Apart from that, there are many “cults” in orthodoxy, many of which have attracted the newly religious to their fold and who have become fanatic in their beliefs. These orthodox streams have all kinds of rabbis from yeshivas of dubious origins, whose influence amongst the newly-religious are great. Many of these newly-religious come from broken homes, involved in petty crime or were drug addicts; their emphasis is on reading tehillim (psalms) all day and praying at every opportunity. Almost every moment of their lives is involved in some kind of religious personal ceremony of some kind and quoting from some oft-quoted biblical source or Talmud, as stipulated by their rabbis whom they hero-worship, in order to gain further candidates to their newly found belief in God. There are a number of orthodox streams, who engage in this form of returning the wayward to the fold. A case in point is the various Hasidic (pious) groups. Many of these self-styled “rabbis” are materialistic. They take advantage of the poor, and economically disadvantaged, who seek help and a promise of a better life. Naturally, they expect a financial donation for their dubious services. Their activities are noticeable at the so-called tombs of Tzadikim (righteous people or martyrs) where they sell their folklore cures laced with blessings.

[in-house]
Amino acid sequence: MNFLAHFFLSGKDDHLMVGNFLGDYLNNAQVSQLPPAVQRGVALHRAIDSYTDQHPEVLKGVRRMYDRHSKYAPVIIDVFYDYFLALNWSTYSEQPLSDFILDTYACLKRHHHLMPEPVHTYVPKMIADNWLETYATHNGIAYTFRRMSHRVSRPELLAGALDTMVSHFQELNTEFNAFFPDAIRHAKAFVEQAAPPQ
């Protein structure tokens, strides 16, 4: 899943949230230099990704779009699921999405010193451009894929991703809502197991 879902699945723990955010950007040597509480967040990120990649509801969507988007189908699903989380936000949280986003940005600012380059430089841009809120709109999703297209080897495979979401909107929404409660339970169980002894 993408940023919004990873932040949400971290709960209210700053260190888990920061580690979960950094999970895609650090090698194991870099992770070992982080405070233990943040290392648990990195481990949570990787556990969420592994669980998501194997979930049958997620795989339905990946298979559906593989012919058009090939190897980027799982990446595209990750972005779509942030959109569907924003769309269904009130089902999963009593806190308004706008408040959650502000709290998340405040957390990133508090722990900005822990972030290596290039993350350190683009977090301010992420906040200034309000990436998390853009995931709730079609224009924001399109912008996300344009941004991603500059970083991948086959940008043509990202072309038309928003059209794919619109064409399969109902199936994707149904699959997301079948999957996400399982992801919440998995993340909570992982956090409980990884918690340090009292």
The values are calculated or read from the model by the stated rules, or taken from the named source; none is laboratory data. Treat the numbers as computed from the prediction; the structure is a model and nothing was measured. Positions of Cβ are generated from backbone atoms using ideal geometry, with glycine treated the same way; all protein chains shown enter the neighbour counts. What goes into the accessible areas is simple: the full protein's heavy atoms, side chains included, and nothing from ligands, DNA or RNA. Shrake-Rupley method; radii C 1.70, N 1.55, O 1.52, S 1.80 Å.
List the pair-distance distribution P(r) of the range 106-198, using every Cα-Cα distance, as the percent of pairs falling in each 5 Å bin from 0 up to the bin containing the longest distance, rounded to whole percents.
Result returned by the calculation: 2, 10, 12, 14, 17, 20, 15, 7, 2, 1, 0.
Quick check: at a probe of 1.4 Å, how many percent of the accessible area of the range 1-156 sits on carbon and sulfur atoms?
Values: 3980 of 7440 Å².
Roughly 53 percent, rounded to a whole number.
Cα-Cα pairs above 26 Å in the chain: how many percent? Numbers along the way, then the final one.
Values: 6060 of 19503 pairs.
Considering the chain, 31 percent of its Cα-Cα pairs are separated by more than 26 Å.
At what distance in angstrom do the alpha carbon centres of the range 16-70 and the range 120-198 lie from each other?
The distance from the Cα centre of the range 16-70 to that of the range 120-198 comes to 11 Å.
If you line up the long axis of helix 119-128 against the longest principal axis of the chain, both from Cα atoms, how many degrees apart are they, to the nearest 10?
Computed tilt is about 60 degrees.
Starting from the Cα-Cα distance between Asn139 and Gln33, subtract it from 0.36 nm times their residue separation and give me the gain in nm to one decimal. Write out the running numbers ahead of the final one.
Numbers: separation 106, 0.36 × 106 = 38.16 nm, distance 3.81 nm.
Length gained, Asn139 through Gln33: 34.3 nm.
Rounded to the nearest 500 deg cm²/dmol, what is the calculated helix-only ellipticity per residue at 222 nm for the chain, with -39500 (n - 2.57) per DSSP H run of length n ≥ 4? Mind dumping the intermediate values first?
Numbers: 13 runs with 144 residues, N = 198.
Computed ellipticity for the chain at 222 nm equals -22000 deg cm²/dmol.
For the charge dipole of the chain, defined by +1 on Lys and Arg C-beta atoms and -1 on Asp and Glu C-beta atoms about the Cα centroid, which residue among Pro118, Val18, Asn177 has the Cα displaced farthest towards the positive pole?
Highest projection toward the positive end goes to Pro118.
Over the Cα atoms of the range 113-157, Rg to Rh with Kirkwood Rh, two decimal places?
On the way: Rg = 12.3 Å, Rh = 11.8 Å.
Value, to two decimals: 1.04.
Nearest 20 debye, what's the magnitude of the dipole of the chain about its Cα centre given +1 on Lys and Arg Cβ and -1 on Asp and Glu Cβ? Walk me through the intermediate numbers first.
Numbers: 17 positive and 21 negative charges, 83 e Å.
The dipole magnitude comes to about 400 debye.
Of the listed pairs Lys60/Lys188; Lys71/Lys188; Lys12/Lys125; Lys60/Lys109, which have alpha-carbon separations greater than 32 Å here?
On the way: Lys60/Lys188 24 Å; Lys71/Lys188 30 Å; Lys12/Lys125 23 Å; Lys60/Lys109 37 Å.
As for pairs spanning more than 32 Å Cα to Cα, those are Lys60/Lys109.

However, the message portrayed by these groups as well as many state orthodox institutions is very similar. Many view non-Jews as anti-Semites who must be treated with a wide berth. They have an insatiable hate for Arabs and have a strong belief in holding onto territory captured in the Six Day War of June 1967. This is true of religious orthodox right wing Zionists who see these captured territories as Greater Israel that belongs to the Jews as a right. Elements of these people are found in the settler movements living in the heart of Hebron and elsewhere in the occupied territories.

Conservative and Progressive Judaism are considered unacceptable and they do not recognize these movements as legitimate. They see these movements as a threat to their hegemony and the future of the Jewish People. The orthodox establishment has enormous powers in Israel. They are not known for tolerance towards those who do not follow their line.

They have estranged many Jews who left the fold for a secular way of life. The Jewish ethic of “Love they Neighbour as thyself” has received a very narrow interpretation in Orthodox Judaism Israeli style. This ethos has been changed to “Love thy Jewish Neighbour as thyself” and in practice one is not left in any doubt of that. The Conservative and Reform Movements in Judaism are more in keeping with the true spirit of Judaism rather than the Orthodox which has become clerical, intolerant and even racist. They wish to maintain their power by influencing the government in a sort of blackmail in order to gain their support.